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Bariatric Surgery Linked to Lower Risk of Female-Specific Cancers

Christina Mattina
A new study finds that bariatric surgery can have beneficial effects for women beyond just weight loss: it was also associated with lower risk of female-specific cancers, like breast or ovarian cancer.
A new study finds that bariatric surgery can have beneficial effects for women beyond just weight loss: it was also associated with lower risk of female-specific cancers, like breast or ovarian cancer.

The findings, published in Gynecologic Oncology, are the result of a prospective study that matched 1420 Swedish women who underwent bariatric surgery with 1447 women receiving conventional treatment for obesity. The women, who had a baseline body mass index (BMI) of at least 38 kg/m2, were followed through the Swedish National Cancer Registry for a mean of 18.1 years to determine cancer risks.

Women who underwent bariatric surgery had a 29% lower risk of eventually experiencing any cancer than those who had not, (hazard ratio [HR], 0.71). About half of these cancer cases were female-specific, meaning incidences of breast, endometrial, ovarian, and other gynecological cancers. The bariatric surgery group’s risk of developing these cancers was reduced even further than the overall cancer risk, as HR for female-specific cancers was 0.68.

The researchers also found that the protective qualities of bariatric surgery against developing female-specific cancers were strongest in women with medium or high levels of baseline insulin. When analyzing the risk of individual cancer types, they determined that bariatric surgery significantly lowered the risk of developing endometrial cancer (HR, 0.56). The bariatric surgery group had lower rates of all female-specific cancers except cervical cancer, but these differences were not significant for cancers other than endometrial.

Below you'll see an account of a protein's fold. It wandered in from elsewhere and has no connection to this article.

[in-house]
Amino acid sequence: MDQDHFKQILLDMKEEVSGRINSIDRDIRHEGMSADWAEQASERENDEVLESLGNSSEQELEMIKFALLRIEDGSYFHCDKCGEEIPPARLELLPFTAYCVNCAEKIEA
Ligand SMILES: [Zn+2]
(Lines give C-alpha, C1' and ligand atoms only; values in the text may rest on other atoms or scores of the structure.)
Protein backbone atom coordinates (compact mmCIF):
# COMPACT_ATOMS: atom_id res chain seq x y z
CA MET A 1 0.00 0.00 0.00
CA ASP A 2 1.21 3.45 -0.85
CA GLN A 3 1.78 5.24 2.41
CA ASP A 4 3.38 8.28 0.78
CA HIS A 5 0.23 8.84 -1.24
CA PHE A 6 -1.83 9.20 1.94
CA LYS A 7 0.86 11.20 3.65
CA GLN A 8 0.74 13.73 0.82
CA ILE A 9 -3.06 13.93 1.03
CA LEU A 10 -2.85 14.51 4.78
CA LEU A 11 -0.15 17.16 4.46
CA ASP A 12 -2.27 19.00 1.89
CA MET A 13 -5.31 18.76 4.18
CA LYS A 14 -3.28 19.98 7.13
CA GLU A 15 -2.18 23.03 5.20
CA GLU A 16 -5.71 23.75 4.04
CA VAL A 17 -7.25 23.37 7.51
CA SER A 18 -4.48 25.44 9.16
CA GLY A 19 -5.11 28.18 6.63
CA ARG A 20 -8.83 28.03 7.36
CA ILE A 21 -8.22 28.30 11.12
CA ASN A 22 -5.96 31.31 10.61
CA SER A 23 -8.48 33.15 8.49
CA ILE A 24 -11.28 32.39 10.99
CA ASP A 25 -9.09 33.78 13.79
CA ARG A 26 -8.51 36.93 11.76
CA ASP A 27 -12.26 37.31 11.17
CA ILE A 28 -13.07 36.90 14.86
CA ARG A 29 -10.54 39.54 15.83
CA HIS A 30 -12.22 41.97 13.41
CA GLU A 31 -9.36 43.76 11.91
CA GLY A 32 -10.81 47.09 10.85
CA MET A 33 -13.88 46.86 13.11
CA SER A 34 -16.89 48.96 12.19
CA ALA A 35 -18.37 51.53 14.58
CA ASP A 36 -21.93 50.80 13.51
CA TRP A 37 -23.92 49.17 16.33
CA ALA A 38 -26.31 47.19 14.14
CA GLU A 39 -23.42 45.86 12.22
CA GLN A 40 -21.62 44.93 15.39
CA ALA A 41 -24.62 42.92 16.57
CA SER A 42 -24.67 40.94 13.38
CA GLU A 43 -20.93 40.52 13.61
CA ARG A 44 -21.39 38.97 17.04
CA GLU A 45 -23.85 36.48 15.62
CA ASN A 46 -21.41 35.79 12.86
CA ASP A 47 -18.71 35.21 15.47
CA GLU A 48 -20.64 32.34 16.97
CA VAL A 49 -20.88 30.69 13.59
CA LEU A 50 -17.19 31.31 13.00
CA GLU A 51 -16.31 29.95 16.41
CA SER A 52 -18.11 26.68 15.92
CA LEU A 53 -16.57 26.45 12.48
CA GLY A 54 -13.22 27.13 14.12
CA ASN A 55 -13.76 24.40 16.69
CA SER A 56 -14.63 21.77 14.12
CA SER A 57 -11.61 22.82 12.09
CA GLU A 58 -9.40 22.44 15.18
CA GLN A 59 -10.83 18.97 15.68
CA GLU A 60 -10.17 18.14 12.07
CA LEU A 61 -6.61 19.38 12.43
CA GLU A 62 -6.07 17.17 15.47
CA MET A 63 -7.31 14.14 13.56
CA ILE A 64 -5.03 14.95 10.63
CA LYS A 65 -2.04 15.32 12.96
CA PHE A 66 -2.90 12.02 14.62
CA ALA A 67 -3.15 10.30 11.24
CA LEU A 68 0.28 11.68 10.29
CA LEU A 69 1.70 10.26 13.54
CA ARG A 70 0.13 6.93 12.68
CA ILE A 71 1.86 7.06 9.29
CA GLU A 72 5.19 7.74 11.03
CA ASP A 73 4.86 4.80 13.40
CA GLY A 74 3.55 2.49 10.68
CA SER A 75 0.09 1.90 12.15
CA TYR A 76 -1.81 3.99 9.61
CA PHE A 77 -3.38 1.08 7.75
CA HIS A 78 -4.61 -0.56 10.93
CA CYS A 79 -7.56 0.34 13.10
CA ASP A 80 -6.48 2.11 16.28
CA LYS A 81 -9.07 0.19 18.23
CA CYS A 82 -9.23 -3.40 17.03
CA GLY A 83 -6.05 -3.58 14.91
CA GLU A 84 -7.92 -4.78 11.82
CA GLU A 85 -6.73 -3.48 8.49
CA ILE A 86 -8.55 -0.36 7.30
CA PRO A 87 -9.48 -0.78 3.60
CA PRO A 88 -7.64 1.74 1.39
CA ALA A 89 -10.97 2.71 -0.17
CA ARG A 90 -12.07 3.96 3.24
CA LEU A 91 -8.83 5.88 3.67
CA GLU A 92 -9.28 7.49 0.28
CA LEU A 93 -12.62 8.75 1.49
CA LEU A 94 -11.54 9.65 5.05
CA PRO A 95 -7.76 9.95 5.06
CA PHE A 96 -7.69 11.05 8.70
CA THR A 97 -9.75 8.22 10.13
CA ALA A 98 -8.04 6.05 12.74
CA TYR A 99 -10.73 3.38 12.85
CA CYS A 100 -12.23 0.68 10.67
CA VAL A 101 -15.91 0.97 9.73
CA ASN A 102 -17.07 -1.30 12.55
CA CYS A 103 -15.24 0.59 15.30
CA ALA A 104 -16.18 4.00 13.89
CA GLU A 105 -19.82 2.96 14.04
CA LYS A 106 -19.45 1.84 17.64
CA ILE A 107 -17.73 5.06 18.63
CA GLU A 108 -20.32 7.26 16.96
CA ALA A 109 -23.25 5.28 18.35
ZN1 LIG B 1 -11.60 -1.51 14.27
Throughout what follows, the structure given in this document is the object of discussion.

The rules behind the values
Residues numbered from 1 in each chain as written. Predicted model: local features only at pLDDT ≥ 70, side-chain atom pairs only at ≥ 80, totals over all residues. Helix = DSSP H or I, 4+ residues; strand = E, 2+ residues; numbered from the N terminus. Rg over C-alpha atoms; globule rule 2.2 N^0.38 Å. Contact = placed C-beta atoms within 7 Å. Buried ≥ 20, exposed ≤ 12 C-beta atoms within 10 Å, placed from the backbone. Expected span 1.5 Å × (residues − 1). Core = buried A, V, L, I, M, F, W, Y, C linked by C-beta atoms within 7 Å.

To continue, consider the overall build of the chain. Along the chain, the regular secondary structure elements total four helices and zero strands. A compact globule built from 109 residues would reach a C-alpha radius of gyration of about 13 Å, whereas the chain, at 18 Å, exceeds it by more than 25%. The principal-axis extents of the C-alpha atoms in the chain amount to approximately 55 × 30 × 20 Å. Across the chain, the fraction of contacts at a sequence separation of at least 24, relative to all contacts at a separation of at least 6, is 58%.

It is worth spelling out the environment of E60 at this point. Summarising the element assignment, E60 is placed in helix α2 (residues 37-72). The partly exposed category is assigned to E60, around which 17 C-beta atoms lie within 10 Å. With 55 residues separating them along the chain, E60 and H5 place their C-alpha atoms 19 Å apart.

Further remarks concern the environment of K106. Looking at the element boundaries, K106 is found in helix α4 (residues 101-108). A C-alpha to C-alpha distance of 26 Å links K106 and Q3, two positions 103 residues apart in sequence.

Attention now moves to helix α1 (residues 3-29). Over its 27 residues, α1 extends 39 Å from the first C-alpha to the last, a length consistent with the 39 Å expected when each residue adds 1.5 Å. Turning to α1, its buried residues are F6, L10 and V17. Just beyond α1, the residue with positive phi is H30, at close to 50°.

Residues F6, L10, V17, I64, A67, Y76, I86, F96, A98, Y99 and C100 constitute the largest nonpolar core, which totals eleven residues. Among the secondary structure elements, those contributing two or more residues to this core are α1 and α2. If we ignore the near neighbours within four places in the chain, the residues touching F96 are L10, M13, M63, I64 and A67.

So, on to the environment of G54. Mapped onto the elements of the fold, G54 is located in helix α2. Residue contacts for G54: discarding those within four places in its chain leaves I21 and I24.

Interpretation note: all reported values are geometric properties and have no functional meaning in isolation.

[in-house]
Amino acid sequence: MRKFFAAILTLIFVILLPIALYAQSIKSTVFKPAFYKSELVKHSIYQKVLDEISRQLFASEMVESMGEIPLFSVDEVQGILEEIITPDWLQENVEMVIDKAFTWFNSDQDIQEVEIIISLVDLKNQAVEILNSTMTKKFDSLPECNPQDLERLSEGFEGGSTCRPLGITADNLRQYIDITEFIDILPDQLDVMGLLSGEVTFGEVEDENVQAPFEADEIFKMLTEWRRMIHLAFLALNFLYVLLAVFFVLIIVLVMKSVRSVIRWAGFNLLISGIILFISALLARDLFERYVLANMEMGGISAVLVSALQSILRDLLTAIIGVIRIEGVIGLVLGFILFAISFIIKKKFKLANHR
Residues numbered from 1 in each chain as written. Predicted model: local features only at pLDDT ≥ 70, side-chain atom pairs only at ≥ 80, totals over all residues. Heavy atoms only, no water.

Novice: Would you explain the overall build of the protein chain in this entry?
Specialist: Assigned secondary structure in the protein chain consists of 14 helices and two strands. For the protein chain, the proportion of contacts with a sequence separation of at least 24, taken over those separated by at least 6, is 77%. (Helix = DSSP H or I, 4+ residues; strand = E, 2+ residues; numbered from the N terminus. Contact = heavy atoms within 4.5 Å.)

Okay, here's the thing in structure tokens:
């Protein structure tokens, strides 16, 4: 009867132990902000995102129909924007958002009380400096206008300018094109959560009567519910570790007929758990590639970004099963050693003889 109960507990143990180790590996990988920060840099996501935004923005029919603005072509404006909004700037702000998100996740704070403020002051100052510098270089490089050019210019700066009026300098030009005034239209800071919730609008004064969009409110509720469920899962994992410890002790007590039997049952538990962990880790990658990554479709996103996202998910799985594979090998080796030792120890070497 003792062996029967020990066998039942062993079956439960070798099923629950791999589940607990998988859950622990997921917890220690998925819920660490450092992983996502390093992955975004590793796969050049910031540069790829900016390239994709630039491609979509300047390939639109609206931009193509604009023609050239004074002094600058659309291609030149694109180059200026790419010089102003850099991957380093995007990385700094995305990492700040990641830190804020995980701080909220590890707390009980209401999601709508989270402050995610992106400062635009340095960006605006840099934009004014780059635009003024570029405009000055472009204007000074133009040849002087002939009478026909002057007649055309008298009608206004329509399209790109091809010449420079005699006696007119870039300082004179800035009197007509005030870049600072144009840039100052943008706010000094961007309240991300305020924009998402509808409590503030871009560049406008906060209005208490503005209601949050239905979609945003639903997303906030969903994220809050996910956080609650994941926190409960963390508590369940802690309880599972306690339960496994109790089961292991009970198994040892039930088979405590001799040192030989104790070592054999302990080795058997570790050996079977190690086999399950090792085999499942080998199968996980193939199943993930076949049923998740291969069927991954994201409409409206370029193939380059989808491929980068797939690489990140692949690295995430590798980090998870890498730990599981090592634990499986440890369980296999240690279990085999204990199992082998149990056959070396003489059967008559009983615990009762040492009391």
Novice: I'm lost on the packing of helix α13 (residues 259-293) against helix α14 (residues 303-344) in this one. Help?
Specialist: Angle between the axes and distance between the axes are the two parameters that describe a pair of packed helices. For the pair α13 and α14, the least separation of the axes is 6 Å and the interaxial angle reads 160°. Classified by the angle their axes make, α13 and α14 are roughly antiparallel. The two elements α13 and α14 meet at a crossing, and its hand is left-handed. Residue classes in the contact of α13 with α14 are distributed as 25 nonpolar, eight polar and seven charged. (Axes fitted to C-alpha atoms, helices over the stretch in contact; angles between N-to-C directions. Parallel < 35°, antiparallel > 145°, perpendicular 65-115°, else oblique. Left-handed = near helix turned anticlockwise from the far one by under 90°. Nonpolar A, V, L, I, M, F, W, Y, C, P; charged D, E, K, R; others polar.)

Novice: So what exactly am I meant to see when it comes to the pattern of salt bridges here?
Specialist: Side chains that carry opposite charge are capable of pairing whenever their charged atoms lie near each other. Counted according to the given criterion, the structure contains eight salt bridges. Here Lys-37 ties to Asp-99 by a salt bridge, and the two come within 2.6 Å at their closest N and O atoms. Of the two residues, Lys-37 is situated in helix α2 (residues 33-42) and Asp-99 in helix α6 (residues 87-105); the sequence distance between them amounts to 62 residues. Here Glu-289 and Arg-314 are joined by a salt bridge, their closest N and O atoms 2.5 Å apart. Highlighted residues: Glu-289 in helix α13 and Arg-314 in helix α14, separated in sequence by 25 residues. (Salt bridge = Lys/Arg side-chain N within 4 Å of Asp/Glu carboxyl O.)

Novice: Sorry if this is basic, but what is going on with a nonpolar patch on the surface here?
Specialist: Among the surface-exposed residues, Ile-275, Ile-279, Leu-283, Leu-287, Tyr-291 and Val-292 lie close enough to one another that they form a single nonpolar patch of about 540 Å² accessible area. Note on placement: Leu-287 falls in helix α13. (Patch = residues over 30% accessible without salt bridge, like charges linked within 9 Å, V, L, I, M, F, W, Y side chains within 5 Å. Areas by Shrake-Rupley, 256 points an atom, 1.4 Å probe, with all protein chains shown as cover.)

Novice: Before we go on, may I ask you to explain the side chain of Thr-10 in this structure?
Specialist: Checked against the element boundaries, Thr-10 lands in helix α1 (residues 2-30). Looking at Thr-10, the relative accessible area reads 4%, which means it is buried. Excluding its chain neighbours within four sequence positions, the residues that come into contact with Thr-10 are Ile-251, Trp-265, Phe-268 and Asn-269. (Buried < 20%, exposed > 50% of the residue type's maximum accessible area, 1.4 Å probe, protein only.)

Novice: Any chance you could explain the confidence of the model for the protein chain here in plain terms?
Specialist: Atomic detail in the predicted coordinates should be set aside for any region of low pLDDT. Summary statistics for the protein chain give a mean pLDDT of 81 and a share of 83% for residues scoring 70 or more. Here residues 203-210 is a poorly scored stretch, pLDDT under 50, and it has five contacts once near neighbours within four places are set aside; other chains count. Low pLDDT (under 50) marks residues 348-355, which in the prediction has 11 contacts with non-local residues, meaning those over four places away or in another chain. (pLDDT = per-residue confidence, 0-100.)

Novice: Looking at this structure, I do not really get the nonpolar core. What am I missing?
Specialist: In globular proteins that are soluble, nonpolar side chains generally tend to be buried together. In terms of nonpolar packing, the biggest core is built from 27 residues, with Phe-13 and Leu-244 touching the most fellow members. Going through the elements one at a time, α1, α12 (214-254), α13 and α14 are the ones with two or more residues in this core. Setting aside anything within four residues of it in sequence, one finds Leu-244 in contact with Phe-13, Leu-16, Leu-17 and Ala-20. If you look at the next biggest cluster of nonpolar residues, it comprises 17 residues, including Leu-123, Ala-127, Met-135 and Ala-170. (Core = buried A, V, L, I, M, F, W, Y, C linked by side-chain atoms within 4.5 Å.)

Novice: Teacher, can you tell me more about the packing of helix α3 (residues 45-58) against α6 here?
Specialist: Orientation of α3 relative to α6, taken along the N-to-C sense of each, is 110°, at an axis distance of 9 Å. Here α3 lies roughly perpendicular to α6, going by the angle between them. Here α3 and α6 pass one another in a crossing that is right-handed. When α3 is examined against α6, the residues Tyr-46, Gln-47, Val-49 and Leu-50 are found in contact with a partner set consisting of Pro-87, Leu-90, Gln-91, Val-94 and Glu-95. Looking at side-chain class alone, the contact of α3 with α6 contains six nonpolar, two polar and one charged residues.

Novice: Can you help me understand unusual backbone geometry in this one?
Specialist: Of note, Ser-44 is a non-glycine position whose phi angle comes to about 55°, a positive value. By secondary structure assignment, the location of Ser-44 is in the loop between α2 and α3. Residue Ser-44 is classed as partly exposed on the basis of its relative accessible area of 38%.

After adjusting for age, body mass index, and smoking status, the association between bariatric surgery and lower female-specific cancer risk persisted.

"The association between bariatric surgery and female-specific cancer is noteworthy as these comprised about half of the observed cancer events in our cohort and are common in the obese population," the researchers concluded.

In an editorial that accompanied the study, Peter A. Argenta, MD, of the University of Minnesota’s Division of Gynecologic Oncology, wondered if bariatric surgery could be “the next wave of cancer prevention” as the link between obesity and cancer risk becomes clearer. He cited other findings that have shown that weight loss after bariatric surgery can be linked to lower risks of health outcomes like mortality, diabetes, stroke, and heart attack.

However, bariatric surgery should not be regarded as a cure-all, Argenta wrote, considering the costs of the procedure and accompanying hospitalizations. Although these costs may be offset by reduced use of medications in later years, further studies should determine whether the surgery is associated with lower risk of cancer-related mortality or improved quality of life.

 
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